Three semi-aeroponic systems (fog, drip and spray) designed and constructed at the International Center for Tropical Agriculture (CIAT), Colombia, were used to grow and image cassava roots (Selvaraj, 2019). Semi-aeroponic growth made it is easier to record cassava root images at regular intervals without disturbing or damaging the plants. We captured images at a resolution of 960 × 720 pixels using Logitech C922 Pro Stream Webcams with a custom-developed capture software tool, built on the OpenCV library (Intel Corporation, 2017). When imaging, the cassava plants were taken from the semi-aeroponic chambers and their roots hung carefully over a black background. Cassava experts from CIAT segmented the cassava storage roots from the captured images using a further custom-built annotation tool, and at the same time provided a manual count of the storage roots to form our annotated cassava root datasets. Each dataset was divided randomly following an "80/20" train/test split and the training data subjected to a further "80/20" train/validation split. Images were normalized by scaling their RGB values to the range 0–1. Image annotations were converted to a class label and then to a binary class matrix (one-hot encoding) before passing them to the deep neural networks. Example real data and classes can be seen in Figure 2.
Figure 2 This figure shows sample real cassava root images drawn from our datasets. The top row shows the cassava root images and the bottom, the ground truth annotation (segmentation mask and number of storage roots). The challenge of identifying storage roots is particularly evident in the one storage root image.
Image Prediction and Generation Methods
The storage root counting system proposed, and experimental evaluation conducted, here relies upon variations of two popular CNN networks: SegNet and DenseNet. In each case we reduced the number of model parameters using separable convolution, before training the resulting networks on the datasets described above, and synthetic images generated by a conditional GAN.
MobileNet (Howard et al., 2017), MobileNetV2 (Sandler et al., 2018) and Xception (Chollet, 2017) previously used separable convolution to reduce the number of model parameters. Separable convolution reduces the number of multiplications and additions in the convolution operation, thus reducing the model's weight matrix and speeding up both the training and application of large CNNs.
A 2D convolution can be defined as in Equation 1.
where x is the (m × n) matrix being convolved with a (k × k) kernel h. If the kernel h can be separated into two kernels, say h1 of dimension (m × 1) and h2 of dimension (1 × n), then the 2D convolution can be expressed in terms of two 1D convolutions as in Equation 2.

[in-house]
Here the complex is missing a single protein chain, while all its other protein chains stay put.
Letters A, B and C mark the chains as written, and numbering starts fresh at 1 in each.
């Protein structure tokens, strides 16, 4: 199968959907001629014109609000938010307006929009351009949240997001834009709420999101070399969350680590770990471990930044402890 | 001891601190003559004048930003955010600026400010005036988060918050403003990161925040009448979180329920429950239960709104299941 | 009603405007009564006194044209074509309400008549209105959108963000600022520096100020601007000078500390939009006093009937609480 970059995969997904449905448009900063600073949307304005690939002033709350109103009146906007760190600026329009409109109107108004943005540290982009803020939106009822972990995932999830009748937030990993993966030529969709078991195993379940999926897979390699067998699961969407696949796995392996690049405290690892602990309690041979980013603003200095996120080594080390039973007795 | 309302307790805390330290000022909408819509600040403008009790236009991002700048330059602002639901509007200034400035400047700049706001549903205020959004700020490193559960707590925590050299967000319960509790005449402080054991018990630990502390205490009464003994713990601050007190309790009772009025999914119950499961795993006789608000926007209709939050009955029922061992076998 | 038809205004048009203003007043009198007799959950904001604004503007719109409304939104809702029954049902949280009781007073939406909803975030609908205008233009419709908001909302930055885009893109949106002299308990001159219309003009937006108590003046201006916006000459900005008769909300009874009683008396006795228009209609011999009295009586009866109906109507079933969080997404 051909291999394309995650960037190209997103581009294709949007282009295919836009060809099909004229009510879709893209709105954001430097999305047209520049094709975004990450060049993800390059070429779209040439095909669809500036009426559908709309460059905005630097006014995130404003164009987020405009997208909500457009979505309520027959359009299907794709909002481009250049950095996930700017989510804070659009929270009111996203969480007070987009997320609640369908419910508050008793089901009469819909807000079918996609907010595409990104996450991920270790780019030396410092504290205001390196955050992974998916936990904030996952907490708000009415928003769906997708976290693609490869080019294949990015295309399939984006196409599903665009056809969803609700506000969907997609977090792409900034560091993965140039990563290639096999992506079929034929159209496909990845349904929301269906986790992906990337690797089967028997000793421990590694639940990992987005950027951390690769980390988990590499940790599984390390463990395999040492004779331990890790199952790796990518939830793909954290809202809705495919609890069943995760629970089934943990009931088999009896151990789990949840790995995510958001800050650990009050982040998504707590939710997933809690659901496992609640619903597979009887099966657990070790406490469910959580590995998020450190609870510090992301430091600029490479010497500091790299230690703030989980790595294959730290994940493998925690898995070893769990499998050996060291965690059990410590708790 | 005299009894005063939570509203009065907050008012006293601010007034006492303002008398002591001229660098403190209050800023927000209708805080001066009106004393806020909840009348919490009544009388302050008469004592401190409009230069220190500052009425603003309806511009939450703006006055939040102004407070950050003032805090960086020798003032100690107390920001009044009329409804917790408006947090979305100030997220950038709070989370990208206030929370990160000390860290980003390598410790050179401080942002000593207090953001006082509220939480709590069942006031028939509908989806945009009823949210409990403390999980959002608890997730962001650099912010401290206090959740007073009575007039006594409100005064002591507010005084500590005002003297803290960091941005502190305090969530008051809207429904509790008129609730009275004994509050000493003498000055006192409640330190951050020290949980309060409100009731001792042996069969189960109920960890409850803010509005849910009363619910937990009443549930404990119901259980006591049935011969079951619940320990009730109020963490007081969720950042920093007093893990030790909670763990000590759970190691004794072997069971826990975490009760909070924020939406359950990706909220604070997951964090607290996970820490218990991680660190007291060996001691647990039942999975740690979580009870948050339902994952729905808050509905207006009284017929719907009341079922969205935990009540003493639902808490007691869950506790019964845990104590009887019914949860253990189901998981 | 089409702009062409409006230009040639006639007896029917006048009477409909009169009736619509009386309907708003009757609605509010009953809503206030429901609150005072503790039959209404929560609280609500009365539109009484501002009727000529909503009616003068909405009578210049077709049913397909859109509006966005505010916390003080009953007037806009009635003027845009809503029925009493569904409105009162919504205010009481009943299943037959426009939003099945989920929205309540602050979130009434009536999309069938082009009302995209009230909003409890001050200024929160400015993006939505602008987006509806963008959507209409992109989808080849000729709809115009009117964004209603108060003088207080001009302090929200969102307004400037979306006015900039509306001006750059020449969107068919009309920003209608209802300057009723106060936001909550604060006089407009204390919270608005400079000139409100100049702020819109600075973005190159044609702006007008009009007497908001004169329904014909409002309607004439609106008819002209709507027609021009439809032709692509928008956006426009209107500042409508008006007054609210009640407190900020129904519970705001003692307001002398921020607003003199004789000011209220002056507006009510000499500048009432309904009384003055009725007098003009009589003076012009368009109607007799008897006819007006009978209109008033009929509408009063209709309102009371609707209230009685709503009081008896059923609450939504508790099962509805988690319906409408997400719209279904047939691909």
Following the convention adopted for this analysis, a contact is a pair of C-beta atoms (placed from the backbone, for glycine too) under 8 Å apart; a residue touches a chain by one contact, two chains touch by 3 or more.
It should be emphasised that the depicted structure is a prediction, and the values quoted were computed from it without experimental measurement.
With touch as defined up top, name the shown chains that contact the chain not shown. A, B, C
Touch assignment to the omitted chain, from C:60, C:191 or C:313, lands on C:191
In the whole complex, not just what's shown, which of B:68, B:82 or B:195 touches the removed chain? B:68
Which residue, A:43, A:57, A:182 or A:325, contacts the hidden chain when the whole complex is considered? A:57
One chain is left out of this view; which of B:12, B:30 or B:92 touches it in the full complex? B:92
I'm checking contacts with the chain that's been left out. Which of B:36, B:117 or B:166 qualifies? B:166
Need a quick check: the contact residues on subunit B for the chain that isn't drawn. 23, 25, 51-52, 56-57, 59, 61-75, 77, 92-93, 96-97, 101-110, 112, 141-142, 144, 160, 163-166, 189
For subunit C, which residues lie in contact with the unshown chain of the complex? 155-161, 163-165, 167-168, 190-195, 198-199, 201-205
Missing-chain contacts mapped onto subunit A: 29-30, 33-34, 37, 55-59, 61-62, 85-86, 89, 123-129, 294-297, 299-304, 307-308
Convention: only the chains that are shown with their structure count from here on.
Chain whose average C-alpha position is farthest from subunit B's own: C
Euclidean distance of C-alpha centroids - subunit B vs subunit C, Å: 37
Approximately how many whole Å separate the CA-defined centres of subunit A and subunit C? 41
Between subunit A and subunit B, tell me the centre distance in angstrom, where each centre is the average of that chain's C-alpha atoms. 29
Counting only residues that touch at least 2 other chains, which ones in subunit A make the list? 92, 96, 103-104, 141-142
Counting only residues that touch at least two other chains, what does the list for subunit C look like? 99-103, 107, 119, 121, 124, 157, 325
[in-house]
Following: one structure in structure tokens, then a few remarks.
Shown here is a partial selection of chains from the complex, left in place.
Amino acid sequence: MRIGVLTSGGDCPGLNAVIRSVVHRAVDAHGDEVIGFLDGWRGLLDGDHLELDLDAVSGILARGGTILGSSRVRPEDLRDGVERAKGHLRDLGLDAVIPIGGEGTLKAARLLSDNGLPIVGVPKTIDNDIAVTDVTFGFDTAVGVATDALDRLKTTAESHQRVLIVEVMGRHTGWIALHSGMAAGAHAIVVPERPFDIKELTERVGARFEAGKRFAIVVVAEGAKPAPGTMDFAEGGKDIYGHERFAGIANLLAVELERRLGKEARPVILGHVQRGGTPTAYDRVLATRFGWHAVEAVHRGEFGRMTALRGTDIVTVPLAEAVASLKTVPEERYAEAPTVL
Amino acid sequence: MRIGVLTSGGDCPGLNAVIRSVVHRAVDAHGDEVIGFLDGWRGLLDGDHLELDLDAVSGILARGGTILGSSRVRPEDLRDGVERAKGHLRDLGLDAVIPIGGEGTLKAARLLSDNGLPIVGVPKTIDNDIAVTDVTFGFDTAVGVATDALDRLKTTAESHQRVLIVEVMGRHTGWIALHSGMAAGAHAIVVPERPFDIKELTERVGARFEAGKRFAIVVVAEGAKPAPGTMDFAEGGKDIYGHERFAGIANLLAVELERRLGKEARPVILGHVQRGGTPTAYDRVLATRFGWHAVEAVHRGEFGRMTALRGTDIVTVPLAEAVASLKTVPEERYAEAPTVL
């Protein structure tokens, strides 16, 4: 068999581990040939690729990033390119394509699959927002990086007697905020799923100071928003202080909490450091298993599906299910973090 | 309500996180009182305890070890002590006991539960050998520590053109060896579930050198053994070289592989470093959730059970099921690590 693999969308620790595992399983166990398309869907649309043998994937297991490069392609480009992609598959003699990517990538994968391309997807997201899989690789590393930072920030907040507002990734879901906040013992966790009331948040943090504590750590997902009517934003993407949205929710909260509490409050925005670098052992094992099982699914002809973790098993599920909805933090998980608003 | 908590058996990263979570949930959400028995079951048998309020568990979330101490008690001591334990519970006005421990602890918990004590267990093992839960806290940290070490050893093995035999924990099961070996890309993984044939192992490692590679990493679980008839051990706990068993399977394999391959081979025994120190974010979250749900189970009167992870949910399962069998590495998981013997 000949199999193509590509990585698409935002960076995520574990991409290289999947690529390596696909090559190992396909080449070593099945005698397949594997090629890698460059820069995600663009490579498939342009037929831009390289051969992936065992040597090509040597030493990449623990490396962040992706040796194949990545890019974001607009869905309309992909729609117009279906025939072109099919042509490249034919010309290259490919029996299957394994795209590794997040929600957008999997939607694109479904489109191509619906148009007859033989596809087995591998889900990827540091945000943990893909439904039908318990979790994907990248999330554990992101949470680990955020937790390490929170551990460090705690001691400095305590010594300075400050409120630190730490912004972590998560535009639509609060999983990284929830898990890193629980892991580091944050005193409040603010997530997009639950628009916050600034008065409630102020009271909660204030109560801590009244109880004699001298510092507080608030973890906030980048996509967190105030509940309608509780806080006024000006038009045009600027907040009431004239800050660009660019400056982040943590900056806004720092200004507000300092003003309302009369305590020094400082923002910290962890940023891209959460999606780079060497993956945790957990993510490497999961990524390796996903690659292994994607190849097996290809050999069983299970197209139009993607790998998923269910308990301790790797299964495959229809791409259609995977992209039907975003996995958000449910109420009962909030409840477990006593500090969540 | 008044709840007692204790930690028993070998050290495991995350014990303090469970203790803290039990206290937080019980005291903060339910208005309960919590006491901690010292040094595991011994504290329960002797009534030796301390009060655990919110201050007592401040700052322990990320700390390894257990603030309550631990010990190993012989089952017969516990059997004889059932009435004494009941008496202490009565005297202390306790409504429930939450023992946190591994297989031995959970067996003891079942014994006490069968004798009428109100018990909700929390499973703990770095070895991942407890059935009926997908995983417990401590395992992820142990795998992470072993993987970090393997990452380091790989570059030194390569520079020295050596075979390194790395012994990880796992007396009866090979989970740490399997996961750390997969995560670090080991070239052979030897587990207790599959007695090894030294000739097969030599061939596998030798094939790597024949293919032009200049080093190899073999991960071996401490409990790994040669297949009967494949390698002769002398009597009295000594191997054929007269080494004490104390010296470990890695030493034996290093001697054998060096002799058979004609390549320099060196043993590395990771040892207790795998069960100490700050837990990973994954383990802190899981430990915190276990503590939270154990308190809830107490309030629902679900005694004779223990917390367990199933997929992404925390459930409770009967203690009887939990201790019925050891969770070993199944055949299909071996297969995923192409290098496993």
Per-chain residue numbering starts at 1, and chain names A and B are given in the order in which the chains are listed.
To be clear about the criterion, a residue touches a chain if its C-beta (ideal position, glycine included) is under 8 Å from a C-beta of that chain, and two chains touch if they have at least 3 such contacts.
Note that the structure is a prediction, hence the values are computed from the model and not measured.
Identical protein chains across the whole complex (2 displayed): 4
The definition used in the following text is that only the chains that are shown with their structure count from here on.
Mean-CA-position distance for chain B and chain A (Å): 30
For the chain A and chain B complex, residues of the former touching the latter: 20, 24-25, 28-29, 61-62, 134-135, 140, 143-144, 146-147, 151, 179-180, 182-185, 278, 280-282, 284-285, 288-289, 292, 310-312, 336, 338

The 2D convolution requires k × k multiplications and additions. However, separable convolution has its kernels decomposed into two 1D kernels, which then reduces the multiplications and additions to k + k and thus reduces the number of model parameters.
Age-Prediction and CNN-Based Count Models
Our Age-Prediction and CNN-Based count models both use the DenseNet (Huang et al., 2017) architecture but with some minor changes. To decrease the model parameters, we reduced the 1 × 1 and 3 × 3 convolution blocks in the first dense block to 3, the second to 6, third to 12, and fourth to 8 and converted 2D convolutions to 2D separable convolutions. However, we used a classification layer similar to the original DenseNet: 7 × 7 global average pool, 7D fully-connected layer with a softmax activation (CNN-Based Count model only), and 2D fully-connected layer with a softmax activation (Age-Prediction model only). The reduced-parameter architecture is shown in Figure 3.
Figure 3 Our reduced-parameter DenseNet architecture has four dense blocks. Each dense block is made up of a 2D separable Convolution (SeparableConv2D), Batch Normalization (BN), and ReLU activations.
Synthetic Cassava Root Generation Model
Our synthetic cassava root generation model uses a conditional GAN (Isola et al., 2017). The GAN comprises a generative and discriminative network chained together to make a composite model for training end-to-end. The network learns a mapping from the input mask to an output image, as well as a loss function to train the mapping (see Figure 4). We adapted our network architectures from those in Isola et al. (2017) and deposited the code in the GitHub repository1. Similar to Isola et al. (2017), our generator uses a “U-Net”-based architecture and a “PatchGAN”classifier with a patch size of 60 × 45. Both generator and discriminator use modules of the form convolution-BatchNorm-ReLu (ie. a 2D convolution followed by a Batch Normalization and then Rectified Linear Unit respectively). We use the convolution block “Conv2D-LeakyReLU-BatchNorm” (ie. a 2D convolution followed by a leaky Rectifier Unit and then a Batch Normalization respectively) denoted by Ci and the “Convolution-Dropout-BatchNorm” block, CDi, where i is the number of filters. The convolutions are 4 × 4 spatial filters applied with stride 2. The convolutions in the encoder of both generative and discriminative models are downsampled by a factor of 2 and the decoder in the generative model up-samples by a factor of 2. Our generative model’s encoder has:
The decoder has:
Figure 4 Our generative model (G) learns the mapping between cassava storage root masks and cassava roots. Then given a cassava storage root masks (x), the generator predicts the cassava root image (G(x)) and the Discriminator (D) determines if the generated cassava storage root (G(x)) is fake or real.